"The coronavirus pandemic is far from over, and as we continue to fight against this deadly virus, we must also respond to the economic devastation it has caused," Governor Andrew Cuomo said. "With millions of Americans out of work, we must use every resource available to train New Yorkers to compete -- and succeed - in this difficult economic situation.

"Our workforce is the bedrock of our economy, and I know that this funding will help bridge the gap between education and industry, allowing us to build back better by uplifting both individuals looking for jobs and small businesses across the state."  

"We are making success accessible ensuring New Yorkers have the training and skills they need to seek new jobs and opportunities as we continue to battle this pandemic," said Lieutenant Governor Kathy Hochul. "Our ongoing workforce development initiative is supporting efforts to improve the economic security of women, youth and other groups that face significant barriers by making job placement more inclusive and leaving no New Yorker behind.

"We are sending a clear message to New Yorkers that they will have the training and skills they need to succeed as we build back better, smarter and stronger for the future."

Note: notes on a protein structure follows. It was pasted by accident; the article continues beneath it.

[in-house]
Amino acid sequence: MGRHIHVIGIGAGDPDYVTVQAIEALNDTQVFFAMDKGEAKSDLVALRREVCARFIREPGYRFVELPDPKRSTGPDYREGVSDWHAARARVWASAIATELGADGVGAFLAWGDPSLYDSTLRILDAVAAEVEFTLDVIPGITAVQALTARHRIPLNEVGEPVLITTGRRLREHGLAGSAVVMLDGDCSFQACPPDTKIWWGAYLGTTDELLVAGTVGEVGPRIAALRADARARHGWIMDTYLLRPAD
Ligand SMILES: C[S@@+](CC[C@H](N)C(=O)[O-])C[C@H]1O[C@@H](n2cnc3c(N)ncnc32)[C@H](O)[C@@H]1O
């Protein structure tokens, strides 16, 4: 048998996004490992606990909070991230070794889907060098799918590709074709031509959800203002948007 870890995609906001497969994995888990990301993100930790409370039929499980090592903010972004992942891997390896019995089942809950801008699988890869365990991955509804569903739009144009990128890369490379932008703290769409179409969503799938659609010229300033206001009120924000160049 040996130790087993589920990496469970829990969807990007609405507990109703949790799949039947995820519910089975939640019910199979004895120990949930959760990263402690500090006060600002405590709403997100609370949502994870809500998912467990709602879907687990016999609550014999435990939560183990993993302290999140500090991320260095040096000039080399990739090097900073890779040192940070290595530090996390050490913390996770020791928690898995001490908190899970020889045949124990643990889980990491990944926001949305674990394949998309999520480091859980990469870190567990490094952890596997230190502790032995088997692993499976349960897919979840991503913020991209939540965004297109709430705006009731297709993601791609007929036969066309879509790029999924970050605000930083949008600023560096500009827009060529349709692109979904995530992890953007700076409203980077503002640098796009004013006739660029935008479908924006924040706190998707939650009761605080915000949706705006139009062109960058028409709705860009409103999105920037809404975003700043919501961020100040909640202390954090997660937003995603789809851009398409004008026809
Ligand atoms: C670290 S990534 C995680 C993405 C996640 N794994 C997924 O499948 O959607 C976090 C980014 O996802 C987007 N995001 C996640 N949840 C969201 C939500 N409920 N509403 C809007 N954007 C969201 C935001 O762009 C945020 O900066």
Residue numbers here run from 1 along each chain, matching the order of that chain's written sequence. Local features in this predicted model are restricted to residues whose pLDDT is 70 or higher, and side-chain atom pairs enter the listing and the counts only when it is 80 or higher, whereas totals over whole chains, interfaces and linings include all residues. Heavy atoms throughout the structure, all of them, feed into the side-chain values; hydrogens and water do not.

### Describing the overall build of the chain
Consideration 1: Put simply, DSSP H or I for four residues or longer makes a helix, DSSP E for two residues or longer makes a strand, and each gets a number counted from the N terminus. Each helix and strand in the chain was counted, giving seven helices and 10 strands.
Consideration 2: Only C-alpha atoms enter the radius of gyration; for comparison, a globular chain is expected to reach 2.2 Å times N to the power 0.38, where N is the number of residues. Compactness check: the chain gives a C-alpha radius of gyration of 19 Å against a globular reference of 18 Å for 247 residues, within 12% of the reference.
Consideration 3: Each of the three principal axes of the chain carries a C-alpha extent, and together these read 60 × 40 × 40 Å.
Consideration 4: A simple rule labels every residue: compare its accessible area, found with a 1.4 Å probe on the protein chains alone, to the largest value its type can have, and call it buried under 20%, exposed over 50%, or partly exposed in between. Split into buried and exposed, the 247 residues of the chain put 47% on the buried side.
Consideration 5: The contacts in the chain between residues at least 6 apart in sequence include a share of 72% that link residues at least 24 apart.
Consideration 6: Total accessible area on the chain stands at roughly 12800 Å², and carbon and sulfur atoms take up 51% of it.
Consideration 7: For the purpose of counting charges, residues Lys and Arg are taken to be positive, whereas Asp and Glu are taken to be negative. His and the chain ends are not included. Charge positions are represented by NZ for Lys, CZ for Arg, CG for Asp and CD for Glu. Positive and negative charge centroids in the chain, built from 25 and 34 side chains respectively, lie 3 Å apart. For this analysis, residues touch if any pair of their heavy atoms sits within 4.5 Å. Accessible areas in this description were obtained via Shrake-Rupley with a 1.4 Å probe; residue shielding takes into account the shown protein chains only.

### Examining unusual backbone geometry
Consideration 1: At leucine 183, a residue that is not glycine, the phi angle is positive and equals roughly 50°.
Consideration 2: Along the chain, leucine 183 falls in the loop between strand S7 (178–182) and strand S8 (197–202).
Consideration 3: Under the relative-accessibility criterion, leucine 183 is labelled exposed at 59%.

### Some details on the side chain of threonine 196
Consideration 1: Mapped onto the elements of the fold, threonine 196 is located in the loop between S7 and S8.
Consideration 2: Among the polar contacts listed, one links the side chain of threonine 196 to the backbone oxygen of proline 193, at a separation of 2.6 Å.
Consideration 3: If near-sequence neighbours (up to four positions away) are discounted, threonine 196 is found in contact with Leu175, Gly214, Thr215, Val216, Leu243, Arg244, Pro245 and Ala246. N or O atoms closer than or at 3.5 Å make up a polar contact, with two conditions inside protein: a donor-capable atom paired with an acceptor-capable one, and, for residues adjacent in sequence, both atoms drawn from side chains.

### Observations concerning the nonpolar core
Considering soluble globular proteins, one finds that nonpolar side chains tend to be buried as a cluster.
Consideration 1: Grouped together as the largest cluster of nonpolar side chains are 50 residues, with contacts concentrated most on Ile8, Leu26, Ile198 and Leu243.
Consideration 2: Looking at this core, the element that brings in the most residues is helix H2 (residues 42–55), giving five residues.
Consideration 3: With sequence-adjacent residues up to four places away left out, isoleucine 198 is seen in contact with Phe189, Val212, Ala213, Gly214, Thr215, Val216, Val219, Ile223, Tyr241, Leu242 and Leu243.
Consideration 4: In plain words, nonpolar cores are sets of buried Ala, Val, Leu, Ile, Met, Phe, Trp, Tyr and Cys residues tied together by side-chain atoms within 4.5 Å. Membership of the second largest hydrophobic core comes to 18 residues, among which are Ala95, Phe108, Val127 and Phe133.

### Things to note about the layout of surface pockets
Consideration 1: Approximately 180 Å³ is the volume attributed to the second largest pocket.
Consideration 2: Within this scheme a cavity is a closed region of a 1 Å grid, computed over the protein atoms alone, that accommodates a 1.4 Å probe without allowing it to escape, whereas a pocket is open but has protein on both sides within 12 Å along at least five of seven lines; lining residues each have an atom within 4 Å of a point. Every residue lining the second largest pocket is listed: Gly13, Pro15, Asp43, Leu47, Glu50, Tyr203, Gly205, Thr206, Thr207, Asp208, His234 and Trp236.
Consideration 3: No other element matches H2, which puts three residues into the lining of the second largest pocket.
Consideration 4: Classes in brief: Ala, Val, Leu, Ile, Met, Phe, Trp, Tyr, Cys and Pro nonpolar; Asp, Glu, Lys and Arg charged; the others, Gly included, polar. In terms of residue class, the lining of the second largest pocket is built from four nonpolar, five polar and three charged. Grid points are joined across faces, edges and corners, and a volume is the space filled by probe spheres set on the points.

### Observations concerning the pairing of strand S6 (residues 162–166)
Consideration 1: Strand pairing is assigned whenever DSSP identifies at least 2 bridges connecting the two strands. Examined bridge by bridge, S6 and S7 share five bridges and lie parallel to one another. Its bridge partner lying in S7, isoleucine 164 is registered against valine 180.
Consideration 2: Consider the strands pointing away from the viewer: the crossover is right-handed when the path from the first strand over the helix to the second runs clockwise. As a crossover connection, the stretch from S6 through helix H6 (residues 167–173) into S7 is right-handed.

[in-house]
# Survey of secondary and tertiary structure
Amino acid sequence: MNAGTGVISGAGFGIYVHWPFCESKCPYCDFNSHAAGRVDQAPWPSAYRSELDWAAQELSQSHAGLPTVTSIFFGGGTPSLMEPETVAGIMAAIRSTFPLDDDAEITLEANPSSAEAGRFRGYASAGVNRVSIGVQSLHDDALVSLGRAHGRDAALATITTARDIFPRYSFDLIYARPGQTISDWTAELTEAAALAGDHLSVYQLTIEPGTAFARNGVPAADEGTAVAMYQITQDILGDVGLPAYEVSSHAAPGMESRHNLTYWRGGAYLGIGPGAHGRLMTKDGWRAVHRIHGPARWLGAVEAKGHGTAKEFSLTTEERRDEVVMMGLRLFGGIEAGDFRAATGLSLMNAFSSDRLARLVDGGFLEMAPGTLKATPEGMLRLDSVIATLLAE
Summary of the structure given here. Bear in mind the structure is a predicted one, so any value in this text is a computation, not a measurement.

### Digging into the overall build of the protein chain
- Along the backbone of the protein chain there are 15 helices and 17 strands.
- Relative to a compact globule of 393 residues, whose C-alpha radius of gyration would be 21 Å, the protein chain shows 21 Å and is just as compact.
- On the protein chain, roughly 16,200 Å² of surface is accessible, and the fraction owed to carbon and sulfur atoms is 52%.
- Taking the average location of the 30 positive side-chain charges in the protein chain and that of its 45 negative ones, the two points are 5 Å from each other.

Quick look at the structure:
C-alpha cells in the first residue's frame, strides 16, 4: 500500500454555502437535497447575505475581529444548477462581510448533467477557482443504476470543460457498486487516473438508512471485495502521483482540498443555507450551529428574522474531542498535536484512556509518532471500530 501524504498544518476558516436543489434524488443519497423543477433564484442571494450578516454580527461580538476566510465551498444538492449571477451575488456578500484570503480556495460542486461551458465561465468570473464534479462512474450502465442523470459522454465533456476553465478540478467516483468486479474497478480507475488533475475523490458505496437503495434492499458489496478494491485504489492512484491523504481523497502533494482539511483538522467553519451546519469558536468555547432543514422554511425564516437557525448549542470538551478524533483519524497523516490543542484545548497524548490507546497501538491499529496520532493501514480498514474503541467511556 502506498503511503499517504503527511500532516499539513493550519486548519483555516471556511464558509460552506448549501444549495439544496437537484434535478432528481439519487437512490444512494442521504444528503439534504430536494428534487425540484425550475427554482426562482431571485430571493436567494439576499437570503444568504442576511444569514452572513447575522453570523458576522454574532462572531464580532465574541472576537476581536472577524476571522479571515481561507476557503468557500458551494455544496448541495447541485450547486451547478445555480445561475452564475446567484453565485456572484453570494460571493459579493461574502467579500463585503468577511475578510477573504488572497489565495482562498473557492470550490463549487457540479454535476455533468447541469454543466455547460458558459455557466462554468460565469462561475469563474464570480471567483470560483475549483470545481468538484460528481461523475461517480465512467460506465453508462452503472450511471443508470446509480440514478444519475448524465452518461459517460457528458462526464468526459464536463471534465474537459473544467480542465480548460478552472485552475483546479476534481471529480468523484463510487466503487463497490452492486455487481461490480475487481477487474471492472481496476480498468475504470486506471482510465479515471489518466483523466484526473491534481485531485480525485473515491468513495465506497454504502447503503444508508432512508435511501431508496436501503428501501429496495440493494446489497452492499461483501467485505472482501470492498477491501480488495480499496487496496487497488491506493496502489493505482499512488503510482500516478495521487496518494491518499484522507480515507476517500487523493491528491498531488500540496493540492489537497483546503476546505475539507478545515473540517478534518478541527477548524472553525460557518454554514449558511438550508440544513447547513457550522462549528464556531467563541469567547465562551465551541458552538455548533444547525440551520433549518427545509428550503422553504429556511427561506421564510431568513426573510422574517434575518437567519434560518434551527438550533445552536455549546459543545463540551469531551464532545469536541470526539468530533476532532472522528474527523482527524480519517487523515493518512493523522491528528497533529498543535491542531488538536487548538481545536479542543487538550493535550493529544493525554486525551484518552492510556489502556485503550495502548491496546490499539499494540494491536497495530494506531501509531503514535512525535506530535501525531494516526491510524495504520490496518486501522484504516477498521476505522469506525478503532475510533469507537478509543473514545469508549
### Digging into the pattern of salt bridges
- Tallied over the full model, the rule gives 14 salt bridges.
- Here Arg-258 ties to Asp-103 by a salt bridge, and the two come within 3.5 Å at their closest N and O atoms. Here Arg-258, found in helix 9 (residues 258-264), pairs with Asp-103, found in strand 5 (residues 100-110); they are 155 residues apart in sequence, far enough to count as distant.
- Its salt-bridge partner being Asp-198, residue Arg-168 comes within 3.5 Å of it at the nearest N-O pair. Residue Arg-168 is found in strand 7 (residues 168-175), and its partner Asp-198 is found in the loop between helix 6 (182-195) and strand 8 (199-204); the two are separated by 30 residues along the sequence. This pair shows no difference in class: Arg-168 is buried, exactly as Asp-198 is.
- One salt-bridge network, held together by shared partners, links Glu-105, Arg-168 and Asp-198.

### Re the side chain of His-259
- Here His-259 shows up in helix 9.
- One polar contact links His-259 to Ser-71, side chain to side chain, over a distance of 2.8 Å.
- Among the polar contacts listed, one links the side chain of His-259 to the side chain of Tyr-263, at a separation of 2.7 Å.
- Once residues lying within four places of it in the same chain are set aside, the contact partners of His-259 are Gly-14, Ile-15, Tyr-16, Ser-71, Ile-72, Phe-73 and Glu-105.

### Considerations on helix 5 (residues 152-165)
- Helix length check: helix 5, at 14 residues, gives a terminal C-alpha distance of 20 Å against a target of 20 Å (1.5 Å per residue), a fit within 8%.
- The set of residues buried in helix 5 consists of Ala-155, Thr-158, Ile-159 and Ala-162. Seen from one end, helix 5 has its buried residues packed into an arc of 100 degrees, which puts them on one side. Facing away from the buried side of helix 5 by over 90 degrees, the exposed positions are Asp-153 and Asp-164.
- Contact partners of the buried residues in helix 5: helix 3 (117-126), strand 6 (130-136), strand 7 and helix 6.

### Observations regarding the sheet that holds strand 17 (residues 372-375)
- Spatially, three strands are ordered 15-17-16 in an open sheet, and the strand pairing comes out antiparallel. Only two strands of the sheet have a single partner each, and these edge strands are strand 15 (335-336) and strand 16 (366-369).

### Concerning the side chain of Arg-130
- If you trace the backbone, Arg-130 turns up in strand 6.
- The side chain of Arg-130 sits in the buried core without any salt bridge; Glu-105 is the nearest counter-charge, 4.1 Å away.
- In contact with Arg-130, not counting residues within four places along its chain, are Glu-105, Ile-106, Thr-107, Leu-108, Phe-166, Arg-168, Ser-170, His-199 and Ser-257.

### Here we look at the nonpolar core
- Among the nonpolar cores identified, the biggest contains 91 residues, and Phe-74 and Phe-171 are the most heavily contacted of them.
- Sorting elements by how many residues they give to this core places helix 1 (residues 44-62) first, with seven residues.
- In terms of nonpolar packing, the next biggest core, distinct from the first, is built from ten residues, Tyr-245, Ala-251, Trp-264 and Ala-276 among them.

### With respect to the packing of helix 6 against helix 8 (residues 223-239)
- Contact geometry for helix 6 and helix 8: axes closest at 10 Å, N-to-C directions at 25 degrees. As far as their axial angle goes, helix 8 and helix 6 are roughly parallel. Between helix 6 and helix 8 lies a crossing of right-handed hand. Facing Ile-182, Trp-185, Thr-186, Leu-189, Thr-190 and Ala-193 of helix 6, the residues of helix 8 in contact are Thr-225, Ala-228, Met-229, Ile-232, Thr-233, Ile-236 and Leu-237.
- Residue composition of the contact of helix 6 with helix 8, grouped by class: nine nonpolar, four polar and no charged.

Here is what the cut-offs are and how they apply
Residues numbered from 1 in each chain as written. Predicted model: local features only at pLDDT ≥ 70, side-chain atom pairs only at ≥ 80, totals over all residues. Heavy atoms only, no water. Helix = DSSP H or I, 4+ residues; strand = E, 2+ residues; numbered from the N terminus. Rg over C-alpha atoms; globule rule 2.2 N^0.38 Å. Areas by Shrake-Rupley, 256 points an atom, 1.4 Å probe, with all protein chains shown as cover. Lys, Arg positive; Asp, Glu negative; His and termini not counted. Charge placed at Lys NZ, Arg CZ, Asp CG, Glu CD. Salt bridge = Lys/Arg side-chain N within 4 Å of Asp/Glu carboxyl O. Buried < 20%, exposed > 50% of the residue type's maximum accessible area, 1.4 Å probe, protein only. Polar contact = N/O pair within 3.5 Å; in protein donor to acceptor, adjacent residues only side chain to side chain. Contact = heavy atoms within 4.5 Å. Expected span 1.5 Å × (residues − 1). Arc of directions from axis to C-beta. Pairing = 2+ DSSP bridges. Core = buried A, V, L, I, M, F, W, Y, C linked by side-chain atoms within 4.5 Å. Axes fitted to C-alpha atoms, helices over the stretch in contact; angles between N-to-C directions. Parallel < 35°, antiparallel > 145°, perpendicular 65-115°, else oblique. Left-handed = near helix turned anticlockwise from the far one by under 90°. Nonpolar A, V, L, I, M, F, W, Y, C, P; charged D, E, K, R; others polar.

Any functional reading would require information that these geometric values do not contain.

The New York State Department of Labor will partner with the Office of Workforce Development, Empire State Development, New York's ten Regional Economic Development Councils, the State University of New York, and the City University of New York to allocate the federal grant funding on programs that support New York's continued economic recovery. 

Educational programs will focus on developing the skills needed to succeed in emerging growth industries like tech, logistics, and advanced manufacturing, and supporting entrepreneurs. New York's multipronged approach will include four elements:

1) Education for Hard-Hit NYC: In New York City, which was among the worst-hit COVID-19 communities, the CUNY system will assist in training residents with the digital skills needed for in-demand sectors such as data analytics, cybersecurity, advanced logistics/supply chain, digital marketing and communications, and software development. 

2) "Stay Near, Go Far" at SUNY: At 30 community colleges across the State, SUNY will leverage its existing "Stay Near, Go Far" initiative to train New Yorkers in high growth industries, including technology, healthcare, and advanced manufacturing, and provide them with the entrepreneurial skills needed to open their own businesses.